India is currently in a position, where it has good relations with many nations around the globe. Entering into trade agreements is one of the steps which India can take to build a stronger position in terms of trade. However, choosing the right framework and negotiations in a way that all partner countries enjoy mutual benefits, is critical to ensure that the agreements serve the intended purpose. Further, learnings from past agreements have to be carefully studied and future agreements should be considered accordingly.
Being a trillion-dollar economy and one of the fastest developing nations across the globe. India's primary focus is currently on building relations with different nations and establish a strong import-export market. The country is set to take its export record to $500 billion by the end of 2022-23 as compared to $291 billion in 2020-21. Therefore, India is signing multiple bilateral and regional trade agreements for its growth.
India's current trade agreements
India has several operational trade agreements in place with various countries and jurisdictions including those with ASEAN, Korea, Japan, Singapore, Malaysia, UAE, Australia, MERCOSUR, Sri Lanka, Asia-Pacific region, SAARC, Chile, Mauritius and Afghanistan. Additionally, India is engaged in negotiations for finalizing trade agreements with several countries including European Union, Iran, Egypt, Indonesia, New Zealand, Southern African Customs Union, Peru and Bay of Bengal Initiative for Multi-Sectoral Technical and Economic Cooperation (BIMSTEC) Free Trade Area. India is looking to finalise three trade agreements namely: India-UK, India-Canada and India-Israel.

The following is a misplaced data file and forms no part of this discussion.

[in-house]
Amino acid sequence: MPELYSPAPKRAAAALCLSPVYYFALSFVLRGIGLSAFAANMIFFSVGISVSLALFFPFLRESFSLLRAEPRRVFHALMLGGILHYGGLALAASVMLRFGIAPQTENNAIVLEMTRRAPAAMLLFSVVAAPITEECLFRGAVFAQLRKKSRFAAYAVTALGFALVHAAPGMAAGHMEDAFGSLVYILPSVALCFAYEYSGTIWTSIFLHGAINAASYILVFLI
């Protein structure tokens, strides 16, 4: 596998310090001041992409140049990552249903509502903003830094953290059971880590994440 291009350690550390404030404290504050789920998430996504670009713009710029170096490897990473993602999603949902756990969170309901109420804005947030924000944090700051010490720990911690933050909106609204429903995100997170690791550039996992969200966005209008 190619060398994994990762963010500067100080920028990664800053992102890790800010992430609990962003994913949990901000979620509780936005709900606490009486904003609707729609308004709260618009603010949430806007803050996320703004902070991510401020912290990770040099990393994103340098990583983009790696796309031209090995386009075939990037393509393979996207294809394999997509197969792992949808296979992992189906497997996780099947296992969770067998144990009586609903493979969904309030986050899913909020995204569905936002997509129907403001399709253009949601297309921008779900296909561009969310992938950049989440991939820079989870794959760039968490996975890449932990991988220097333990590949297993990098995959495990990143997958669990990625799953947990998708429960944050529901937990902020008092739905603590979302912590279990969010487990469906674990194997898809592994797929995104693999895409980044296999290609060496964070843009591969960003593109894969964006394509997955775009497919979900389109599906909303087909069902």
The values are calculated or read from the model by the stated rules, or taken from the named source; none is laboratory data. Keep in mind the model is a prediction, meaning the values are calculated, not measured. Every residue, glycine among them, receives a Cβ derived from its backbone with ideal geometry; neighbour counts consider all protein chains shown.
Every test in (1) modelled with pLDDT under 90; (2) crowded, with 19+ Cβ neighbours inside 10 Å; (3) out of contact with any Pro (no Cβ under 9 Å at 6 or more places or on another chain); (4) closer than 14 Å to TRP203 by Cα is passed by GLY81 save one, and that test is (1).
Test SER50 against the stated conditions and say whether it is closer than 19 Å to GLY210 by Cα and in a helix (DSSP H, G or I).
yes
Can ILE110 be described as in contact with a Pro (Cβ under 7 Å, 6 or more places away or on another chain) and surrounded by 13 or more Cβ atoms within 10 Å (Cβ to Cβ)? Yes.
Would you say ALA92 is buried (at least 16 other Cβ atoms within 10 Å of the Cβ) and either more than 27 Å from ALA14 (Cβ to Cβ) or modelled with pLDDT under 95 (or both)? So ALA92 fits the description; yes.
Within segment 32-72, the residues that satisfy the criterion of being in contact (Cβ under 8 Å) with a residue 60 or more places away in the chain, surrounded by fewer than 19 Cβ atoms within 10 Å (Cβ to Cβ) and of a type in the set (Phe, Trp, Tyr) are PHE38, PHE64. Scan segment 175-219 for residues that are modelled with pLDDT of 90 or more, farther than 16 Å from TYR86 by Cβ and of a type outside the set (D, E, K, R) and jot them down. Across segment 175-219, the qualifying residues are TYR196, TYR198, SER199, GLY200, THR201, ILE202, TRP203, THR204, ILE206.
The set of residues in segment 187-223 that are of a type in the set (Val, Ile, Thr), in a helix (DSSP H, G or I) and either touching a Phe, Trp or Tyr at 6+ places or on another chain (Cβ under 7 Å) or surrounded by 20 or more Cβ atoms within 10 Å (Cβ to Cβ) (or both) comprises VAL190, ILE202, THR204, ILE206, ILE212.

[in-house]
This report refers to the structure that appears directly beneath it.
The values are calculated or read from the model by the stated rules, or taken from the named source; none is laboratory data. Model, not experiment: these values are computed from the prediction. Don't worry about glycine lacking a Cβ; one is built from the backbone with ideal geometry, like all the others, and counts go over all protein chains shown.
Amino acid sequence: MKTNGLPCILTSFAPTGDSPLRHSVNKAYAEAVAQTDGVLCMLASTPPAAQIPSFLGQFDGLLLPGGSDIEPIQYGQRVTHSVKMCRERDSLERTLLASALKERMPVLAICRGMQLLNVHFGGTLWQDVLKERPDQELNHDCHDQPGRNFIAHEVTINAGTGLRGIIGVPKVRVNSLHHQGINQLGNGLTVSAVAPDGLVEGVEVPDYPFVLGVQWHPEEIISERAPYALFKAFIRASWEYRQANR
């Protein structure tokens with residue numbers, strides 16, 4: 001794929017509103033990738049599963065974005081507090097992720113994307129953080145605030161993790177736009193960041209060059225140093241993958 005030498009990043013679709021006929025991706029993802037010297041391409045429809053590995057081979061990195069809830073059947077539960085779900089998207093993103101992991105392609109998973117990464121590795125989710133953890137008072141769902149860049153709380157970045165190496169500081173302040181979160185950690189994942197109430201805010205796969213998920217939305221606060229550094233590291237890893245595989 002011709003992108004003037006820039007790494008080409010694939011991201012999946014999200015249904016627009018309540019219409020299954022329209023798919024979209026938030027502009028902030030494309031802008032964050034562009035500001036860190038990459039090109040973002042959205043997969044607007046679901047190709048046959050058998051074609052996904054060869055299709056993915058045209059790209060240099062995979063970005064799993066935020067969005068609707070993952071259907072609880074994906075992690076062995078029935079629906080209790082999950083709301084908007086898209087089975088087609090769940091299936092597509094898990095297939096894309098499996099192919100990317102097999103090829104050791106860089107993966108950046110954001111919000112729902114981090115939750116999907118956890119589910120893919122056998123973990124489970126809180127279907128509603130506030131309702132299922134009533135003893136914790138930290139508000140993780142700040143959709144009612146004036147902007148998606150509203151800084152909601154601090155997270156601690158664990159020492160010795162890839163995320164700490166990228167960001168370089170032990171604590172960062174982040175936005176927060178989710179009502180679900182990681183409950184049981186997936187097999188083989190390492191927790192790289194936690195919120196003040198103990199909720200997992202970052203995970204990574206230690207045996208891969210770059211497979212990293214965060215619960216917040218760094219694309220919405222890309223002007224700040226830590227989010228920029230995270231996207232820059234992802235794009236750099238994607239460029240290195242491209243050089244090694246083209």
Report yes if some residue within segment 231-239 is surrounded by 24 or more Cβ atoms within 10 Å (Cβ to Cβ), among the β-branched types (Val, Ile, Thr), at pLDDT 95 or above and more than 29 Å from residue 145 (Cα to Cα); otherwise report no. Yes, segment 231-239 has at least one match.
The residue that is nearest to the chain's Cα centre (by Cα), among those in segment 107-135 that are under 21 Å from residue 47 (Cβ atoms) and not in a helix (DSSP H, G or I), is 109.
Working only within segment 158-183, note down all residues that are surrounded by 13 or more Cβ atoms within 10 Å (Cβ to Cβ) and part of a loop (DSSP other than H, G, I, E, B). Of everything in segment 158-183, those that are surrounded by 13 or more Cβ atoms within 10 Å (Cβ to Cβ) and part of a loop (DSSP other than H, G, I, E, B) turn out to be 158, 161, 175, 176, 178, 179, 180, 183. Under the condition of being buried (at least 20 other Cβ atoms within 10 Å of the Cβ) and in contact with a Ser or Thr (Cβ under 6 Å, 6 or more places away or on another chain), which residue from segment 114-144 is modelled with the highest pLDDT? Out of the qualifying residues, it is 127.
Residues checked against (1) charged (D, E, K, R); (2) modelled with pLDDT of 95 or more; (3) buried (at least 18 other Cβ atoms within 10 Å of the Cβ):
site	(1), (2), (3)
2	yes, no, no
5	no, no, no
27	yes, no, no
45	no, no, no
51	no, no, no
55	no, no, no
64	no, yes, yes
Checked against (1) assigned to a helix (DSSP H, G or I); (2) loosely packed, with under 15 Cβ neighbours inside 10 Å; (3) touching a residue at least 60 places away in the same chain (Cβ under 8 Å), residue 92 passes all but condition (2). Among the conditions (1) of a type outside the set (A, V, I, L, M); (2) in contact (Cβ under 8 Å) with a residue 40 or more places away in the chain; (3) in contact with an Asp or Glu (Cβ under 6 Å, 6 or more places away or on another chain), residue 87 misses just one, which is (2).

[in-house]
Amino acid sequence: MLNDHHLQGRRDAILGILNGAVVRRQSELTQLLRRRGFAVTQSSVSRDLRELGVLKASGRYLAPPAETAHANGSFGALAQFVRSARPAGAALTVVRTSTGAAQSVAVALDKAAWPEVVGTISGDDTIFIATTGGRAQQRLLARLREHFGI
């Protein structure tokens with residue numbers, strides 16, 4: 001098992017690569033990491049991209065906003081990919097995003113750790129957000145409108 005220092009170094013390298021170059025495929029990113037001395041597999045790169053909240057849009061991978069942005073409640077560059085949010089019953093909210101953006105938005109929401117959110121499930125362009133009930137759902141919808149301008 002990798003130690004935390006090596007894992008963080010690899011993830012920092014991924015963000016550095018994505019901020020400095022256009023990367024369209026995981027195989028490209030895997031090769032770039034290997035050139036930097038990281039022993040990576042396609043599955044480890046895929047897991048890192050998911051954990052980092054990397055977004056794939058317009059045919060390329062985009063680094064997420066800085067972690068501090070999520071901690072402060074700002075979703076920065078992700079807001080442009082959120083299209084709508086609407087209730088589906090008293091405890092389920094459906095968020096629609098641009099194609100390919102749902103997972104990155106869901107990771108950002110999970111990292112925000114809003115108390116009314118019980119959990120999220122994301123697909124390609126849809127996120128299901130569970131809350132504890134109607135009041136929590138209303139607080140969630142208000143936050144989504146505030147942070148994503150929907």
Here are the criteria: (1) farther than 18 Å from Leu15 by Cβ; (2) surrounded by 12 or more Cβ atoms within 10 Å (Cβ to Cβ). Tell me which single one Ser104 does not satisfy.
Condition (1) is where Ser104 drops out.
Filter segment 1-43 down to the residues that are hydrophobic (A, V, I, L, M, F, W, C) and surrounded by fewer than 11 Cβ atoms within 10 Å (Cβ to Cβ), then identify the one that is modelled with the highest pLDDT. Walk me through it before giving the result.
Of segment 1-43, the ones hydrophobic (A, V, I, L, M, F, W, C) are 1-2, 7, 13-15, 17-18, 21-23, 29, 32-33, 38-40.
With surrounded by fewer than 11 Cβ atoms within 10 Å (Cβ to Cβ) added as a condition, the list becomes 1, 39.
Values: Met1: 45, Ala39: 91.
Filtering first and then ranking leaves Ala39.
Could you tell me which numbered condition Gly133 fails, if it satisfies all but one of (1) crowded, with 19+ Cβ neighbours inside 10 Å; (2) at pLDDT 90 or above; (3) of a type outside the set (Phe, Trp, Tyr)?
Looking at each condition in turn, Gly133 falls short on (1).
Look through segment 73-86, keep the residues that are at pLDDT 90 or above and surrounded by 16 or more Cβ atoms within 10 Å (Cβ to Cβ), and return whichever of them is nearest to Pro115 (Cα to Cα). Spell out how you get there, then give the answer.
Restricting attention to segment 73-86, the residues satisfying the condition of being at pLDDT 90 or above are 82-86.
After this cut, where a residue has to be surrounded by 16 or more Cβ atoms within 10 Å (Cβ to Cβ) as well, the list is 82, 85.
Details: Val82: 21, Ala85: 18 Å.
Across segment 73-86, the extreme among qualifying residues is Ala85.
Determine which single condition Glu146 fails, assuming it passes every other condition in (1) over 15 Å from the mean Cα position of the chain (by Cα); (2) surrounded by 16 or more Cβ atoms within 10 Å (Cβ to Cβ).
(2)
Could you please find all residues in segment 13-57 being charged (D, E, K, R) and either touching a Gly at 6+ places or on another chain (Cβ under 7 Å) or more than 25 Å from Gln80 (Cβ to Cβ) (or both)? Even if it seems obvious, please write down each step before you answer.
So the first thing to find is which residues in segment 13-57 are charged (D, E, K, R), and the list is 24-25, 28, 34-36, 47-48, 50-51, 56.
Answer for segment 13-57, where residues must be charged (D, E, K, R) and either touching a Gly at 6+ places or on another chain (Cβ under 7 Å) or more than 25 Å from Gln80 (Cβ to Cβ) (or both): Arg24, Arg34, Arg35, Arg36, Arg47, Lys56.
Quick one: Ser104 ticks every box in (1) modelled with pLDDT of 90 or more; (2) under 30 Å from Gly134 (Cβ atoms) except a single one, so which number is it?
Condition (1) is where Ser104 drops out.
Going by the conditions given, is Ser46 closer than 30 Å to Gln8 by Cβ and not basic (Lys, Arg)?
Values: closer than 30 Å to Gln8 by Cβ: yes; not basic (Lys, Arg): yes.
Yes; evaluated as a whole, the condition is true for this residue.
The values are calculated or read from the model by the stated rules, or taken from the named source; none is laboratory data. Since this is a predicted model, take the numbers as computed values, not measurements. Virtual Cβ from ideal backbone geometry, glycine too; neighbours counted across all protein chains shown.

India's primary focus is currently on signing country-specific bilateral trade agreements rather than any regional cooperation deals on trade or business. This is reflected by India's free trade agreement with the UAE earlier in 2022, coming into effect on 1st May and India-Australia ECTA that India signed on 2nd of April 2022.
As India is on the verge of signing several new trade agreements, it is important to learn from its past experience in terms of negotiations as well as utilization of trade agreements.
Change in patterns in recent trade agreements
The trade agreements presently being negotiated are progressive in nature as they include several sectors as well as policy areas which were not covered under previous agreements signed in the early 2000s.
- The India-UAE agreement covers audio-visual services, and entertainment services along with special focus on financial services and e-commerce.
- The India-UK agreement which is planned to be signed by the end of this year will contain more than 20 policy areas including sustainability, labour, and supply chain resilience.
Learning at the administrative level
- Need for a proper framework
A proper framework would address the appropriate allocation of resources by industries, as well as assist the Indian industry to understand the pros and cons of the trade agreements being entered into by India. There is a need to consult the stakeholders and thoroughly analyse and explain certain basic questions to the industry, such as “With whom to contract”, “When to contract” and “Why to contract”.
- Development in phases